verb (used with object)
verb (used without object)
Origin of stump
Examples from the Web for stumped
Bob Kaiser, chief of tropical diseases at the CDC, was stumped by the descriptions of the fever.
When the Norwegian duo Ylvis posed it this summer, it stumped us good.Most-Watched YouTube Videos of 2013: Ylvis, Harlem Shake & More (WATCH)|Jimmy So|December 11, 2013|DAILY BEAST
It was the same debate that stumped the supercommittee, just livelier.
When she was stumped, she told the audience to check her website the next day for her response.
But even those of us who know a little something about wine can easily get stumped when it comes to matching it up to dinner.
As soon as Welcome could jerk the pin loose, he whirled and stumped furiously back in the direction of Chub and Penny.Motor Matt's Daring, or, True to His Friends|Stanley R. Matthews
Mr. Jones stumped the deck, having relieved Abraham at noon.My Danish Sweetheart, Volume 3 of 3|William Clark Russell
A month later, he turned sharp round, ere half a morning walk was completed, and stumped back to the house.Kipling Stories and Poems Every Child Should Know, Book II|Rudyard Kipling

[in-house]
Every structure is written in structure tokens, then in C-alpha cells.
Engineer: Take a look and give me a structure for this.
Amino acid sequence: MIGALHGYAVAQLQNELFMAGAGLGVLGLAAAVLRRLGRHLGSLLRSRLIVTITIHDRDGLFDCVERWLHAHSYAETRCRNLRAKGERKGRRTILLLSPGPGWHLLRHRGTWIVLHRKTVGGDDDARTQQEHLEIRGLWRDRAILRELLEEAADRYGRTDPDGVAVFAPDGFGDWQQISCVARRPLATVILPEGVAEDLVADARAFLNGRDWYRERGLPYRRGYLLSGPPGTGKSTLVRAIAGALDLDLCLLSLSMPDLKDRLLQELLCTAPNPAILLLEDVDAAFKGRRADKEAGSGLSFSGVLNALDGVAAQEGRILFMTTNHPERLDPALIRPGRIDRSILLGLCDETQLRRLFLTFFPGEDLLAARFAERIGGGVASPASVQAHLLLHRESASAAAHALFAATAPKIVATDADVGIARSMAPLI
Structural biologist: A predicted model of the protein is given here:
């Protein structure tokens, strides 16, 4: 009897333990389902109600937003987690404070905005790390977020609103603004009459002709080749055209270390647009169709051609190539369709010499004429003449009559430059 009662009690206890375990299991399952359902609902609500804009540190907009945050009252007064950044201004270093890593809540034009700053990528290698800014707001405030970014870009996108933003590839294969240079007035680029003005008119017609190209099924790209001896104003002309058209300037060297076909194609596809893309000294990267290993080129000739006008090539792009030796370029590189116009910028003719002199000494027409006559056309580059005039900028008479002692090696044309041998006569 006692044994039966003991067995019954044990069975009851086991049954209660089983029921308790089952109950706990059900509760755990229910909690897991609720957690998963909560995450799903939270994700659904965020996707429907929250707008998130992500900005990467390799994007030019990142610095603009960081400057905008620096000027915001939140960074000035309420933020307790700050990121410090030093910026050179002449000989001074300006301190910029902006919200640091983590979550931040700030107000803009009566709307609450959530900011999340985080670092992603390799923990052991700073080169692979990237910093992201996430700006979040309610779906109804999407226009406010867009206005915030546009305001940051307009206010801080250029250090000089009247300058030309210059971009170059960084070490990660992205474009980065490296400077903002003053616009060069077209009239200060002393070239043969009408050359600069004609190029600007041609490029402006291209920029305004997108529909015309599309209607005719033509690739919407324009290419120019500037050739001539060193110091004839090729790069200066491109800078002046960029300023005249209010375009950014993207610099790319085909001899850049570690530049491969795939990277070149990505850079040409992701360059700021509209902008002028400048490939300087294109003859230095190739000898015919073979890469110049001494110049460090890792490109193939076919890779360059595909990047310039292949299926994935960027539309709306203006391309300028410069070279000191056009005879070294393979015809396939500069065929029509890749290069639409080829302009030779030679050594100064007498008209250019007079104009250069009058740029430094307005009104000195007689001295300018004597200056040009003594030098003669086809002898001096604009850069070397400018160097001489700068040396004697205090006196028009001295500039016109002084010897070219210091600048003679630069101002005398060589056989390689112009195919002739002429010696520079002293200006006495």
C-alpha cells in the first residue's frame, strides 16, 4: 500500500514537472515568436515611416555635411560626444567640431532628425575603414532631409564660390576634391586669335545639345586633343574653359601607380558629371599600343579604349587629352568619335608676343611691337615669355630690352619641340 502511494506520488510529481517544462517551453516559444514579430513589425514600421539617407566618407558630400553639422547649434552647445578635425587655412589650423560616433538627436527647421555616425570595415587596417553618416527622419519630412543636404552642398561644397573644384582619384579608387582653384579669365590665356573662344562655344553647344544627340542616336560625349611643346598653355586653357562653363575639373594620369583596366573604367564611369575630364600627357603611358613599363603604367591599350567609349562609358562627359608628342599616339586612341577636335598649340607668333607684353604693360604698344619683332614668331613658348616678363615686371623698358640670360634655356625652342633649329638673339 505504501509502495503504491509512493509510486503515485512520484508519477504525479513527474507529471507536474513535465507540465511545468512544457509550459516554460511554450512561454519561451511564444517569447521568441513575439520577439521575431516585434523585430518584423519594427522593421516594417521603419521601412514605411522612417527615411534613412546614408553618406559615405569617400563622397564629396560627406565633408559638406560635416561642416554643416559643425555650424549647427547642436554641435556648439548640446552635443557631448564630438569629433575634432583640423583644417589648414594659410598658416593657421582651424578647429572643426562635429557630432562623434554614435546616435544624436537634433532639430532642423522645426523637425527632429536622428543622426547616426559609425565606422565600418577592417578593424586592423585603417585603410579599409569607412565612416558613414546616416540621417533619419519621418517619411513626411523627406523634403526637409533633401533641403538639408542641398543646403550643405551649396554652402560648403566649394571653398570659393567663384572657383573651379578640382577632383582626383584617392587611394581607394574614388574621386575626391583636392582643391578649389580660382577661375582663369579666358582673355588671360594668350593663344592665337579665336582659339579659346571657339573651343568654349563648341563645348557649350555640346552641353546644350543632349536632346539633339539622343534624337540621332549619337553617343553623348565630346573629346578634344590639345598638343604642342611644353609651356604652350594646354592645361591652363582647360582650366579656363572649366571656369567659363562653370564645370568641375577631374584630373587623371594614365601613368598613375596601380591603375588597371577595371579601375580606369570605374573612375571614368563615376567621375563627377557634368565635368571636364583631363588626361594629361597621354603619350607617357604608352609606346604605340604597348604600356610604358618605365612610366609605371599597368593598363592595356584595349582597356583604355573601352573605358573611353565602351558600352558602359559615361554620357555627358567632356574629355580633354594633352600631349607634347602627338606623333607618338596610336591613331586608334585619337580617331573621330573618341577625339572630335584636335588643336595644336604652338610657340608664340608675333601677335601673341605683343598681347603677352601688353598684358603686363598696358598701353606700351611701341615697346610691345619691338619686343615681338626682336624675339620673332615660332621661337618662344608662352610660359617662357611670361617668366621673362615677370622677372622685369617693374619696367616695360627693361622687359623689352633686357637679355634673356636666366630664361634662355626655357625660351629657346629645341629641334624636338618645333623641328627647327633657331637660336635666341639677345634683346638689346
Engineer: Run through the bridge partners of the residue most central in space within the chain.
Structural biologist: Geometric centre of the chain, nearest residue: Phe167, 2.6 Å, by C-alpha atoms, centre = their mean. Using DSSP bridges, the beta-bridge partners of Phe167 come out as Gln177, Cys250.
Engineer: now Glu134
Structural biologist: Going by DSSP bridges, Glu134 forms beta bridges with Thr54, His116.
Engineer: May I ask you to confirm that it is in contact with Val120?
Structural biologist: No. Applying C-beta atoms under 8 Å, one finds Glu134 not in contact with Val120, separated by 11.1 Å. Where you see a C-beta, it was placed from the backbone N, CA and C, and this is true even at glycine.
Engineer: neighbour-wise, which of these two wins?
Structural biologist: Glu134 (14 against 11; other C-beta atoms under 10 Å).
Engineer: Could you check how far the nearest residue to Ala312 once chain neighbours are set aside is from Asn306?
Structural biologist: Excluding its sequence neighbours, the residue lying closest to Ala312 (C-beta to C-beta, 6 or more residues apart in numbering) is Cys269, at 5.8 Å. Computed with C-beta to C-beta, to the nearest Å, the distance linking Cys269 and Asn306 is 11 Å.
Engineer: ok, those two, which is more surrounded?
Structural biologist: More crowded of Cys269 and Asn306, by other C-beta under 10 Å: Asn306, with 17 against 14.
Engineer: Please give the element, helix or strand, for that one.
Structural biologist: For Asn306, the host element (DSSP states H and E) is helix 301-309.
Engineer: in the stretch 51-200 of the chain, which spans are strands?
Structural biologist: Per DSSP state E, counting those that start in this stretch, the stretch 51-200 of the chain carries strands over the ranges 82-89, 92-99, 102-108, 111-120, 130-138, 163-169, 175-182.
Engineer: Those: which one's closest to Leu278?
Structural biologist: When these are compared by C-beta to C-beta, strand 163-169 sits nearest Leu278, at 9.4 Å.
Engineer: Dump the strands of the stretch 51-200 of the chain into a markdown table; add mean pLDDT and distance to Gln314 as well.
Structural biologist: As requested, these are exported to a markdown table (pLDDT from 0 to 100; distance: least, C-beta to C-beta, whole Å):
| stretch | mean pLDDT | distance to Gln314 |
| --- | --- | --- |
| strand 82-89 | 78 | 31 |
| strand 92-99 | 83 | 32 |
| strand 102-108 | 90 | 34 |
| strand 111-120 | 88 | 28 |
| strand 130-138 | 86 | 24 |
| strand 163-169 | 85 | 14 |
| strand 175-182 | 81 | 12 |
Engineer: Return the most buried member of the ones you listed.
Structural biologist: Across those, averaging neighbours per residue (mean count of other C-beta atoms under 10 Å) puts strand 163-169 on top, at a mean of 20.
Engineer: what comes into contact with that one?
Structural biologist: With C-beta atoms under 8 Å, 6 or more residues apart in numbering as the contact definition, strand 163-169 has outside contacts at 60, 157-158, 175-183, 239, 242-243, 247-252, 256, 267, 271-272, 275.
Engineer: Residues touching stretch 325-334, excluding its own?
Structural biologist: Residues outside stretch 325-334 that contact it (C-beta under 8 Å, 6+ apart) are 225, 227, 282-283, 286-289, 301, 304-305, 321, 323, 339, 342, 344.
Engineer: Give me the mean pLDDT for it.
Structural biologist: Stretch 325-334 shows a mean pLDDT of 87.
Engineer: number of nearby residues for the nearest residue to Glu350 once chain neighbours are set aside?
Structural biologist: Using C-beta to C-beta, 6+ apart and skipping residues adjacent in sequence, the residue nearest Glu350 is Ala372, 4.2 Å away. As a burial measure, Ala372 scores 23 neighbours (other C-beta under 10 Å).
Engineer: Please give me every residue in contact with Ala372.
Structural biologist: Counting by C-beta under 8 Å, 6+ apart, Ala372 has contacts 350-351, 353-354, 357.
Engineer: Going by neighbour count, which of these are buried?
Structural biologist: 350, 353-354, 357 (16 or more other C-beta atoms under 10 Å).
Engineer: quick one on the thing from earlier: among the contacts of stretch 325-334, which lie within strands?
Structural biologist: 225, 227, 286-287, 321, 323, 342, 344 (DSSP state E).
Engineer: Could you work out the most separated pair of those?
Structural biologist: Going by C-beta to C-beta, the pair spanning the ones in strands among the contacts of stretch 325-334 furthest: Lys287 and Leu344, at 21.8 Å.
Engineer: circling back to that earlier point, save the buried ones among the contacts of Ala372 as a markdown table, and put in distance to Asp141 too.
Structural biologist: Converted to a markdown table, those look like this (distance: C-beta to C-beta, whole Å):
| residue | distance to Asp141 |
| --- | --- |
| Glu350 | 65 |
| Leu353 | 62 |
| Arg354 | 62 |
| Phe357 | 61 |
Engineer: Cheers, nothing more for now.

Then he stumped along to the river side, giving a majestic twirl to his wooden leg with every step he took through the long grass.Austin and His Friends|Frederic H. Balfour
Usually a live wire at repartee, Mamie McCorkle was stumped.Officer 666|Barton W. Currie
- (often plural)a leg
- stir one's stumpsto move or become active
Word Origin for stump
mid-14c., "remaining part of a severed arm or leg," from or cognate with Middle Low German stump (from adjective meaning "mutilated, blunt, dull"), Middle Dutch stomp "stump," from Proto-Germanic *stump- (cf. Old Norse stumpr, Old High German and German stumpf "stump," German Stummel "piece cut off"), perhaps related to the root of stub or stamp, but the connection in each case presents difficulties.
Earliest form of the word in English is a now-obsolete verb meaning "to stumble over a tree-stump or other obstacle," attested from mid-13c. Meaning "part of a tree trunk left in the ground after felling" is from mid-15c. Sense of "walk clumsily" is first recorded c.1600; that of "baffle" is first recorded 1807, perhaps in reference to plowing newly cleared land.
"to go on a speaking tour during a political campaign," 1838, American English, from phrase stump speech (1820), from stump (n.), large tree stumps being a natural perch for rural orators (this custom is attested from 1775).